Moral Panic about Drug Use
Moral panic can be defined as a process of arousing intense feelings about an issue by making an awareness of a moral danger that threatens social stability through dissemination of exaggerated fear mainly through the media, in a society - Moral Panic about Drug Use introduction. The obstructions to the fear are erected through legislation. The exaggerated fears are created by politicians and to some extent the elite in the society. The issue of social concern is portrayed to be a taboo and a threat to the social order. This leads to hostility towards the issue and actions taken toward the social issue are disproportional to the threat. The media play a significant role in the dissemination of moral panic by ensuring the masses are not involved in the decision-making process. The dissemination of moral panic is achieved through frequent scare stories, and without allowing public deliberation about the issue. Under such circumstances, the majorities are left confused by the issue and legislations propose the only solution to curb the threat. In addition, no direct experiences of the threat are elaborated, as the majorities in a population are made to belief vague and untrue information to arouse fear of the perceived threat that does not exist in reality (Feeney 1). In this paper, the author evaluates the moral panic about drug use.
The dangers of the perceived threat are orchestrated by the elite people in the society and propagated through the media. In the society, panic is aroused and if someone counters or stands against the exaggerated fear, the media strongly condemns such a person/entity. The reason for disseminating fear is to cause panic and show the masses that only the state can deal with the issue through legislations. An example of a moral panic related to drug use was orchestrated by the media in 1995. This was after the death of Leah Betts as the result of taking ecstasy (Wood 1). At the time of Leah Betts death, Ecstasy was a new drug whose side effects were unknown. However, at the time, the little research done had shown the likelihood of the drug causing depression and anxiety. The indications, were hypothesized could lead to mental disorder in individuals later in life. In addition, the drug was postulated could kill a person even when taken once, but conclusive evidence about the effects of the drug had not been reached, at the time L. Betts died. The side effects were unclear at the time. The death of Betts provided a favorable setting for the creation and propagation of a moral panic concerning the use of Ecstasy, as the media portrayed the drug as highly dangerous and a threat to human existence. Exaggerated fears that the drug caused the users, especially youths become irrational addicts were disseminated through the media. The masses were made to believe the use of Ecstasy posed a great threat to human beings. This is because the masses were made to believe the use of the drug was similar to annihilating babies (Wood 2).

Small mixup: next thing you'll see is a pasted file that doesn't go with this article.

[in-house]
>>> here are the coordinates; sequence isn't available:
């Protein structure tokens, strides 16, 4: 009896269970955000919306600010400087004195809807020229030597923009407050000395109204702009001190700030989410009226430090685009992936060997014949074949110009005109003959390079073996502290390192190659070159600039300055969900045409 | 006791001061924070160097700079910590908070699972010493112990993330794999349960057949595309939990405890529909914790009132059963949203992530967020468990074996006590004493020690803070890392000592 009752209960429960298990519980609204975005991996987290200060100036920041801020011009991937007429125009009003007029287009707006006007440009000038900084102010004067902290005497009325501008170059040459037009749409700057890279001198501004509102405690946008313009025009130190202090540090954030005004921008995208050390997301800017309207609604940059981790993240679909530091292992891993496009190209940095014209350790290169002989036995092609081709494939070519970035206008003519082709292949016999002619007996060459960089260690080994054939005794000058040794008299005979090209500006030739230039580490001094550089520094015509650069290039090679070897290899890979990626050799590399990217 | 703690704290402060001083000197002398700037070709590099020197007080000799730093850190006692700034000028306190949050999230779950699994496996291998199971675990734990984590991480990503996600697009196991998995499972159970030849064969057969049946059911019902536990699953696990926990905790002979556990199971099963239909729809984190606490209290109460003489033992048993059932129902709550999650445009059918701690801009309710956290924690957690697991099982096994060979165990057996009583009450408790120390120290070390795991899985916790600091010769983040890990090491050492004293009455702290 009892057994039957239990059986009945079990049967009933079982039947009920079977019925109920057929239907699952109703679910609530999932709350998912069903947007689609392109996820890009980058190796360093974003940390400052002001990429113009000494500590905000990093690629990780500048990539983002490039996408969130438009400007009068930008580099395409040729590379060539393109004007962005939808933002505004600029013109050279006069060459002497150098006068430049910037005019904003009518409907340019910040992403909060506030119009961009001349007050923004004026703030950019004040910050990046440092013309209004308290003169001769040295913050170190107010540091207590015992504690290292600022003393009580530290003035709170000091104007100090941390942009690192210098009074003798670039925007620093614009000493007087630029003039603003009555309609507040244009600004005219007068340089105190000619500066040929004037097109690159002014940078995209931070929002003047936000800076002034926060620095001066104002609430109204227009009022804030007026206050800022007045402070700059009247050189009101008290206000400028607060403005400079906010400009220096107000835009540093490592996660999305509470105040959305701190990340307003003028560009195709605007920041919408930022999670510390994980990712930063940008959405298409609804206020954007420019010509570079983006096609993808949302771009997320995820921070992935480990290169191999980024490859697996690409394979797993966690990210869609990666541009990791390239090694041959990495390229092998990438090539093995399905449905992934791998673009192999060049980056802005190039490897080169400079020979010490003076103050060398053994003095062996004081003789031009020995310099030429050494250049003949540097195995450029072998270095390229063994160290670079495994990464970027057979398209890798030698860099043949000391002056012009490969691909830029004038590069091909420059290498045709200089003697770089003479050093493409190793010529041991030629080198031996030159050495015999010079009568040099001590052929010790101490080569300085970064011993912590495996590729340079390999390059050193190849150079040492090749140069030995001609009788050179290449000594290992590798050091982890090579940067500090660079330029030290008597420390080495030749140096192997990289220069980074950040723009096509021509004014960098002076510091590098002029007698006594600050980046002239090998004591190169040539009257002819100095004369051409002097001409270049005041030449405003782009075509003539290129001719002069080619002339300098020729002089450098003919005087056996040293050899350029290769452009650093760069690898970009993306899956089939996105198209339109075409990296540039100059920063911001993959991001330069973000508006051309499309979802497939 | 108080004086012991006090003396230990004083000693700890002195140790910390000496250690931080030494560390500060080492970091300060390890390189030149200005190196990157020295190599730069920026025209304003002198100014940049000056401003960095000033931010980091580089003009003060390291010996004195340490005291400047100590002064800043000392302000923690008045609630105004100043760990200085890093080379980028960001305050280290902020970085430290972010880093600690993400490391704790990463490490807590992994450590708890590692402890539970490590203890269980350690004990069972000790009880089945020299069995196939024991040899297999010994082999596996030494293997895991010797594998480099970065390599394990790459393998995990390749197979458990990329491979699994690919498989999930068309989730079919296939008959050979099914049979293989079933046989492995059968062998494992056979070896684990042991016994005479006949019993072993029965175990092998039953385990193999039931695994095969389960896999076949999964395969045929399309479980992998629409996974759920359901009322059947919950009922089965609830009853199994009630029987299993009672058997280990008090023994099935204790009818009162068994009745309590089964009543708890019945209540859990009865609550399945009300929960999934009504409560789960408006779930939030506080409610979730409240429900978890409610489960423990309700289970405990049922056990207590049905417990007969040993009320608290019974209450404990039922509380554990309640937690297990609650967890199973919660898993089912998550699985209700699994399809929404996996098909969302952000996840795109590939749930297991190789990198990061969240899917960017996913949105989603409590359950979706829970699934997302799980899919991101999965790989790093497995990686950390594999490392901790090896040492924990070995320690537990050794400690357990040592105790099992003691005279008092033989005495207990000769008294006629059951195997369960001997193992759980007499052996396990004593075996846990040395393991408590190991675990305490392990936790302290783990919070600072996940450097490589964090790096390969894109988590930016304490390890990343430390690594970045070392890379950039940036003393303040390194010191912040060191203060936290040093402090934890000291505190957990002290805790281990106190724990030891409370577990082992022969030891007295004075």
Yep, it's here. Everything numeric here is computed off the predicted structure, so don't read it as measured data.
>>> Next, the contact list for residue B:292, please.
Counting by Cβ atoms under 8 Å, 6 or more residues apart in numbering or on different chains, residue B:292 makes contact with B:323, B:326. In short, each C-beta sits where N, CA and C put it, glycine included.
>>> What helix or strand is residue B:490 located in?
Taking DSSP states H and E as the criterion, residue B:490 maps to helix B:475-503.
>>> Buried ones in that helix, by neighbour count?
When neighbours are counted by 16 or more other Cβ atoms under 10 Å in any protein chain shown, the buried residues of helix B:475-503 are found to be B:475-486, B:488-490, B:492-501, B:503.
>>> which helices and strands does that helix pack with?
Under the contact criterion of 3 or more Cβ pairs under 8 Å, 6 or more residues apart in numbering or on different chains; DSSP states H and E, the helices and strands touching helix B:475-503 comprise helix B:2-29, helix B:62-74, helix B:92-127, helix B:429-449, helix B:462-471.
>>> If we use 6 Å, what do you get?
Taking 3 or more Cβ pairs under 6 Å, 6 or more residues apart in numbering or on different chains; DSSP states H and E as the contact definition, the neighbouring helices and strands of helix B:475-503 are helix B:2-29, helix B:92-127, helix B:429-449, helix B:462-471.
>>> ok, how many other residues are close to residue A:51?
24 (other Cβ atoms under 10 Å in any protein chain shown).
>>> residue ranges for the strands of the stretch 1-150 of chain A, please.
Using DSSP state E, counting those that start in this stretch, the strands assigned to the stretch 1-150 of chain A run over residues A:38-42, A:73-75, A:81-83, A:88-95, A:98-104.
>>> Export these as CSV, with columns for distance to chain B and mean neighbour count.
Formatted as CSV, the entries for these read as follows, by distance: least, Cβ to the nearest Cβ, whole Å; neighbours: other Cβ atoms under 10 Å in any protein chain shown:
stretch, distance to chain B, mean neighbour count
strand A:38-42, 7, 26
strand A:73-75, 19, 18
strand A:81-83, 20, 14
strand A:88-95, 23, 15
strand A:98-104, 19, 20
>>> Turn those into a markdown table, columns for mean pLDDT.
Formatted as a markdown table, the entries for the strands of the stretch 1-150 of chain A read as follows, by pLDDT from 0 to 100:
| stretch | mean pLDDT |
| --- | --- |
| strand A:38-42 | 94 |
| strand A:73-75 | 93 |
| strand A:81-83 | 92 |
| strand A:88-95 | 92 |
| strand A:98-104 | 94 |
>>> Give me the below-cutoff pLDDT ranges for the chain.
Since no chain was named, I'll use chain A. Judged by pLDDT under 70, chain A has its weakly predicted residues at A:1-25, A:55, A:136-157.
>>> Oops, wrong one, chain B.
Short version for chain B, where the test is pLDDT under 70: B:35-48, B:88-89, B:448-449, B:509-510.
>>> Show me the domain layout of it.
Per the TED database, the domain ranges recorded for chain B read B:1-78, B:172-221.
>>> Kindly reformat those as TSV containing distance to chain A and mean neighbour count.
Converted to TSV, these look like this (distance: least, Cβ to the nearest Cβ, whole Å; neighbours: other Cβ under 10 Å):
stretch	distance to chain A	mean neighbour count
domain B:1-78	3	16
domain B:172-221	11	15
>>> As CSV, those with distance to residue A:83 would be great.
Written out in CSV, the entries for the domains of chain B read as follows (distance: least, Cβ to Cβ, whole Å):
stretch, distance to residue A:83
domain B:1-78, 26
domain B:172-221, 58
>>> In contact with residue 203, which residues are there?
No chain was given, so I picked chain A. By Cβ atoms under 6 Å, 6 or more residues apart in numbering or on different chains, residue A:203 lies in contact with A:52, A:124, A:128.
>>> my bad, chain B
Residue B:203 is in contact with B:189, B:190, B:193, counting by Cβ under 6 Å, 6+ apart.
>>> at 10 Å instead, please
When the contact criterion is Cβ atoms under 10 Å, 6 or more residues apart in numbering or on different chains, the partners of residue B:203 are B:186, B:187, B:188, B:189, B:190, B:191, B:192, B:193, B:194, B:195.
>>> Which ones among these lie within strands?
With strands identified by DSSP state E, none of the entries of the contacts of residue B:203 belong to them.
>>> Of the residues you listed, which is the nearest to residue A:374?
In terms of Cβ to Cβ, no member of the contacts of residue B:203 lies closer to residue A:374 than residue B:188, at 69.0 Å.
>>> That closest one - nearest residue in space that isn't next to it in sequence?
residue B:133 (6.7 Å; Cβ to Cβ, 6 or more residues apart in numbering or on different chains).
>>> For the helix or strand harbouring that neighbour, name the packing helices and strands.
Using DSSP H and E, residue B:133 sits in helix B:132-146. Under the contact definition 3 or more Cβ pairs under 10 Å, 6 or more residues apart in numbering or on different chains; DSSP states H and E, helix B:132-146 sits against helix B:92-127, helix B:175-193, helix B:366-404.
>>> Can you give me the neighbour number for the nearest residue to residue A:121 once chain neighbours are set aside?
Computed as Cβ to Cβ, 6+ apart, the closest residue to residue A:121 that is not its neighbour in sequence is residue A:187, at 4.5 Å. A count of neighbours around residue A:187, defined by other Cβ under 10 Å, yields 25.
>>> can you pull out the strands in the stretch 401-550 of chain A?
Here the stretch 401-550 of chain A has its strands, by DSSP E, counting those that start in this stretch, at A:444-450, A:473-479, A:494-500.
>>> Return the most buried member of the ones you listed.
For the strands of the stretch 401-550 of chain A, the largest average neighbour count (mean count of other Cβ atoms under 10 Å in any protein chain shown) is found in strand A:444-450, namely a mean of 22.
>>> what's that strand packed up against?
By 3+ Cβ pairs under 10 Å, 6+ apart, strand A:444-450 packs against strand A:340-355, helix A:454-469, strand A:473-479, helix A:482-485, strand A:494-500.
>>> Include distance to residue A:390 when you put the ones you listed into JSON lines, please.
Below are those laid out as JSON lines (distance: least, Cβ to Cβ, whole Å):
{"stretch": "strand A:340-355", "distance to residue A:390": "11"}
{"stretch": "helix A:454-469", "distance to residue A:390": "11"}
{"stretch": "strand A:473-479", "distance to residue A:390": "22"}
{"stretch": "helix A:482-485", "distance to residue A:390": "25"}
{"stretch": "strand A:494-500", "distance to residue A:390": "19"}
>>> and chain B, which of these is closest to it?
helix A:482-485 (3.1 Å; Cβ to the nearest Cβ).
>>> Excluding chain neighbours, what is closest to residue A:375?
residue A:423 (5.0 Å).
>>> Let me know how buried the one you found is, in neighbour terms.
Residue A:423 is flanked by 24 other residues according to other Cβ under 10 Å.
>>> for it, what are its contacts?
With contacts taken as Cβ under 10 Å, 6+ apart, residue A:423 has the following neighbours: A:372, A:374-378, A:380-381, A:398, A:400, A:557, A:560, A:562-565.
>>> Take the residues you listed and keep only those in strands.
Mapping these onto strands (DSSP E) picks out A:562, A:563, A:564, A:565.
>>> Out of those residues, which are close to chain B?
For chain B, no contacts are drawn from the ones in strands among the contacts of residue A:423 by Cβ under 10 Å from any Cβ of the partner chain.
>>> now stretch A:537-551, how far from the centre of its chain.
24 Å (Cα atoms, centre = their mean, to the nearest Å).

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People who contradicted the media opinion concerning Ecstasy were seen to have sinned no matter their outright truth. For instance, Mary Hartnoll ascribed that the risk of dying after taking Ecstasy was 0.0000147% (1/6,800,000) (Toynbee para 3). This was far much lesser compared to the risk of dying after taking Aspirin. Hartnoll put facts in the presence of the fear created by the media; however, not advocating the use of ecstasy, she was condemned for putting an irresponsible statement. The media fuelled and made the masses accept the drug was dangerous, and its use was against the norms because of the consequences of its side effect. This created a moral panic among the masses. Conclusion
A moral panic is created by the elite in the society, mainly politicians. In addition, the media play a significant role in propagating the panic, exaggerated through fear. The debate surrounding a panic issue is not allowed, and decisions are made by the elite who advantage when the exaggerated fear is believed as the outright truth by the masses. Moral panic has applied to drug use wherein, if the elite individuals want to curtail the use of a certain drug, they orchestrate a moral panic issue that portrays a drug as extremely dangerous, though safe.
Feeney, Chekov. “Drugs, bail and moral panics-a response.” 2013. Web. 23 January 2014. . Web document. Toynbee, Polly. “A heroine amid the drugs hysteria; The vilified social worker who claimed Ecstasy is relatively safe should be praised for being sensible; Public people cannot speak honestly about drugs and hope to live.” The Independent Wednesday 17 April 1996: Online. Online Newspaper. Wood, Matthew. “Moral Panics.” 2013. Web. 23 January 2014. .